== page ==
For most people, buying a home is one of the biggest investment decisions in their lifetime. Irrespective of their income and savings, buying a home requires a lot of financial resources. For example, as of September 2014 the average house price in the UK is £273,000. Unless those who have inherited a fortune or those who have a lot of savings from their income, most people don't have enough funds for buying a house. Such homebuyers find help in mortgages.
A mortgage is a loan, which is taken specifically for purchasing a property or a piece of land. For instance, you cannot buy a car or the iPad Air on mortgage. Typically, mortgages are for 25 years. You are required to make repayments for the mortgage on a monthly basis.
Mortgages can also be referred to as one type of 'secured' loan. In this scenario, the loan is secured against your property; if you don't make repayments on time, your mortgage lender can take the property and sell it off to recover their loan.
In the UK, you can get a mortgage from banks or building societies. You can approach the lenders directly or contact them via mortgage brokers or independent financial advisors.
Example 1: Let's say you want to buy a property in England worth £273,000. You can find a mortgage provider for this amount using the mortgage comparison service of Money Advice Service, an independent body set up by the UK government for financial advice. After putting the desired mortgage amount, you will find many options for mortgages for different providers such as the Coventry building society, Hinckley and Rugby building society, First Direct bank, etc.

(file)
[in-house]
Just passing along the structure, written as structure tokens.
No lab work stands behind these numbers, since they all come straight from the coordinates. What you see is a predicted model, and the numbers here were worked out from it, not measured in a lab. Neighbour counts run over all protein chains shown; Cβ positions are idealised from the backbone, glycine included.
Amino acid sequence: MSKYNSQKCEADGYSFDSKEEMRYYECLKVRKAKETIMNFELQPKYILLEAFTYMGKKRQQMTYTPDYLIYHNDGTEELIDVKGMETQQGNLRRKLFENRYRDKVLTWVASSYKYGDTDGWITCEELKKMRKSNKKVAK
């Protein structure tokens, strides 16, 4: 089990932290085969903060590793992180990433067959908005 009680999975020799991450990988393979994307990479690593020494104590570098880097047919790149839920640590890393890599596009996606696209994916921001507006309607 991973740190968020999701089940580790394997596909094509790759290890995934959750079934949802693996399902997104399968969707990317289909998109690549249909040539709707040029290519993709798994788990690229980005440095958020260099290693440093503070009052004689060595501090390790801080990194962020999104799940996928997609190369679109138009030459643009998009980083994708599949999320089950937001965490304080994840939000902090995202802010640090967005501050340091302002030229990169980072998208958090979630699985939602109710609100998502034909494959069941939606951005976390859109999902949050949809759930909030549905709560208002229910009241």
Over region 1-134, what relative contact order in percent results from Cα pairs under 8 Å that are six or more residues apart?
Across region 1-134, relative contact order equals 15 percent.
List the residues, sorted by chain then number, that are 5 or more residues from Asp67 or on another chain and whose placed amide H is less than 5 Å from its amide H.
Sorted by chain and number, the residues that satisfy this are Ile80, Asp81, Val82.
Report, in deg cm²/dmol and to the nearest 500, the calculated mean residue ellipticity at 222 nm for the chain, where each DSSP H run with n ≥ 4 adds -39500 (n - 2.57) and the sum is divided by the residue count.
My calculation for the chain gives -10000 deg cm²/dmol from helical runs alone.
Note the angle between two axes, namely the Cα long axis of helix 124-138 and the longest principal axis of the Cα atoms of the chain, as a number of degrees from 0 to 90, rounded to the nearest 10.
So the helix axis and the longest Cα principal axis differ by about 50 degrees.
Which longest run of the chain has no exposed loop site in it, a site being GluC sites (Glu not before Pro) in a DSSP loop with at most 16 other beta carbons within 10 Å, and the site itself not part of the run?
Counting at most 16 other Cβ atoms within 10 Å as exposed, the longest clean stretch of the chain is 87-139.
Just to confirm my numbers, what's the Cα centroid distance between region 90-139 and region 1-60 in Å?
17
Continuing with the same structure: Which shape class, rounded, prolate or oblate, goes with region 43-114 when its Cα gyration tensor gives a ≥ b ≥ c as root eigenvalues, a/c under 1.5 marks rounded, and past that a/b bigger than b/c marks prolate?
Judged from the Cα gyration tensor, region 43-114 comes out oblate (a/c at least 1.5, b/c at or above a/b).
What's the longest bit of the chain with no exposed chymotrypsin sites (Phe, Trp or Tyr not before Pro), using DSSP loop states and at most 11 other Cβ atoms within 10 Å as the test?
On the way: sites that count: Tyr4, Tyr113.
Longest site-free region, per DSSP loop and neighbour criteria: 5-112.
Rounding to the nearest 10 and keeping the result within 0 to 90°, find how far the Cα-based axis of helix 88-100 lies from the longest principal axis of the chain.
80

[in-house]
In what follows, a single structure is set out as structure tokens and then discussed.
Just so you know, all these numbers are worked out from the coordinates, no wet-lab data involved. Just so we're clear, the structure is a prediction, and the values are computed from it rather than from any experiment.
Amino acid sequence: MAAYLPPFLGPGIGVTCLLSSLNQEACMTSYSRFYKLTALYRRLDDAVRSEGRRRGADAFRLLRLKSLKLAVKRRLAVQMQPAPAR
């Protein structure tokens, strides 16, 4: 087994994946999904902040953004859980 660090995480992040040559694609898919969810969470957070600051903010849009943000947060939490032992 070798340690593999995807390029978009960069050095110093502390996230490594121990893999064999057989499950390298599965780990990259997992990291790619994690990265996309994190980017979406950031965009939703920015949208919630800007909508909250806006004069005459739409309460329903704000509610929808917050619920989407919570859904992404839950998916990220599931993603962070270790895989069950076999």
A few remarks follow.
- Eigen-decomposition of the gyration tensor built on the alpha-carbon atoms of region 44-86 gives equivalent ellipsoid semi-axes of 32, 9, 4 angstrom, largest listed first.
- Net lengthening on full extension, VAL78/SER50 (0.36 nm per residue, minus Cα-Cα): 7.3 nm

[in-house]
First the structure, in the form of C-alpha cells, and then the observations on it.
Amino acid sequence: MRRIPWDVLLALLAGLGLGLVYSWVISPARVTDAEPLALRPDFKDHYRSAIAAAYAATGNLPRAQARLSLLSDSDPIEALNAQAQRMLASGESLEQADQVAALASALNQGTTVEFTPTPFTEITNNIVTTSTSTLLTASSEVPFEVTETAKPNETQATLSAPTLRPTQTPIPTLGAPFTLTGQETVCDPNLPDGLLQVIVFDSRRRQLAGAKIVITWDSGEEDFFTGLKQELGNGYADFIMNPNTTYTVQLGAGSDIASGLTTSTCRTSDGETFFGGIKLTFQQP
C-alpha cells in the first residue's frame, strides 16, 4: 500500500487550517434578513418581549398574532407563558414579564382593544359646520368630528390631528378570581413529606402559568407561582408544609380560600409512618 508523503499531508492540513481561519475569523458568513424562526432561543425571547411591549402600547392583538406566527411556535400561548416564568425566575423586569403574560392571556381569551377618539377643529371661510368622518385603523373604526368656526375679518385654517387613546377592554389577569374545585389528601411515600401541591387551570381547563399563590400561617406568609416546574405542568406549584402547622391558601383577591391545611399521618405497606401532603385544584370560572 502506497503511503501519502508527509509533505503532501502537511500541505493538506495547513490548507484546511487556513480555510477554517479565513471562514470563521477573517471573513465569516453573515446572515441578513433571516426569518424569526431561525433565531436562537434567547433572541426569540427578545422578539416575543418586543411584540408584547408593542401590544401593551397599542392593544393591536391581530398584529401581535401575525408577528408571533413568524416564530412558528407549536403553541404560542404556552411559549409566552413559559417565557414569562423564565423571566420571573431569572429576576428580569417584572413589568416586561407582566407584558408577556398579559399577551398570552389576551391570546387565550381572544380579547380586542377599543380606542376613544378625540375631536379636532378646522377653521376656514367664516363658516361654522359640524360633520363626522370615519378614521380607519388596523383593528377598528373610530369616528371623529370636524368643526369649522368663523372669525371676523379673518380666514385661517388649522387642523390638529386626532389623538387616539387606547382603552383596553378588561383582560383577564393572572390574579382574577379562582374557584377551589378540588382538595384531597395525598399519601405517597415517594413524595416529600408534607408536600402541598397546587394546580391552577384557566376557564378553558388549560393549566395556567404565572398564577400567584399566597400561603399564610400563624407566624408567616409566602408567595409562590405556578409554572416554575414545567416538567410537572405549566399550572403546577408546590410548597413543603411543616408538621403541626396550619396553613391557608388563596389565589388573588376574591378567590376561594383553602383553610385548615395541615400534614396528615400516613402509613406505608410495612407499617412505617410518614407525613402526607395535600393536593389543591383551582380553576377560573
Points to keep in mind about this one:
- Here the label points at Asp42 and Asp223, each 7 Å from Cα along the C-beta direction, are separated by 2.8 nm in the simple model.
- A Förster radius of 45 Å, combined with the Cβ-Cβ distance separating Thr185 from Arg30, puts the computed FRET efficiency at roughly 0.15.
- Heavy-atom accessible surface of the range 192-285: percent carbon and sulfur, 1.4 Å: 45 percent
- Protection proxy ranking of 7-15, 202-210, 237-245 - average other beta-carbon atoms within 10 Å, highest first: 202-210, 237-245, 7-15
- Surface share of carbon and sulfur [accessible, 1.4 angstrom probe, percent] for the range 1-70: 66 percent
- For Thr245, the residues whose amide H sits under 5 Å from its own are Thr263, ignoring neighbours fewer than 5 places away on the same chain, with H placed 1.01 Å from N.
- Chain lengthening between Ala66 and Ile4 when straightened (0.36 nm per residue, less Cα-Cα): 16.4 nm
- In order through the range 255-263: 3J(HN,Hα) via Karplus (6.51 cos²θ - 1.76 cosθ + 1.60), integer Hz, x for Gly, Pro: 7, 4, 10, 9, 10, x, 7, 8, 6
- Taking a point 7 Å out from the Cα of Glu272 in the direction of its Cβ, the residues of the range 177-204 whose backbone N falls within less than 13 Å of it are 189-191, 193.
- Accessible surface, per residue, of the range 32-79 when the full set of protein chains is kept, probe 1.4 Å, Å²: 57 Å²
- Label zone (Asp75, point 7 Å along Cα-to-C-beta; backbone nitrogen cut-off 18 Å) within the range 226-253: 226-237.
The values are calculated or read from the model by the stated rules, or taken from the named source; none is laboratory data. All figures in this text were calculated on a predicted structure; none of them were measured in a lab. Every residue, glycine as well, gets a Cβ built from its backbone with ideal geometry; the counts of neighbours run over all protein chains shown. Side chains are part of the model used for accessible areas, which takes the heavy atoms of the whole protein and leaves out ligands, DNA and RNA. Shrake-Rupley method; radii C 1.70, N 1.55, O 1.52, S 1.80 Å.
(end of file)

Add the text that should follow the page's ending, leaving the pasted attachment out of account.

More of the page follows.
Can I borrow as much as the price of the property that I intend to buy?
You cannot get a mortgage for 100% of your property's value. You will be required to pay a deposit of a certain amount, and you can borrow the remaining amount from your mortgage lender. You will find lenders offering mortgages of up to 95% of your property value.
When dealing in mortgages, you are likely to come across a term Loan to Value (LTV). LTV is the percentage of the loan taken against the actual value of your property.
Example 2: Using the above example of a property worth £273,000, let's say you have savings of £73,000, and you want the remaining £200,000 as a loan. Your LTV in this example will be 73% (£200,000 is 73% of £273,000).
How much are the interest rates on mortgages?
Interest rates for mortgages are dependent on the prevailing interest rate charged by the Bank of England, the term of the loan, the amount of the loan, etc. For example, interest rates are higher for a longer loan term.
Example 3: As of November 2014, for a mortgage of £200,000 for a term of 25 years, Coventry Building Society is charging interest in the range of 1.98% to 2.80% for its different mortgage products.
Your monthly repayments will depend on the interest rates charged by the provider.
Use our mortgage calculator to calculate your monthly repayments based on different interest rates.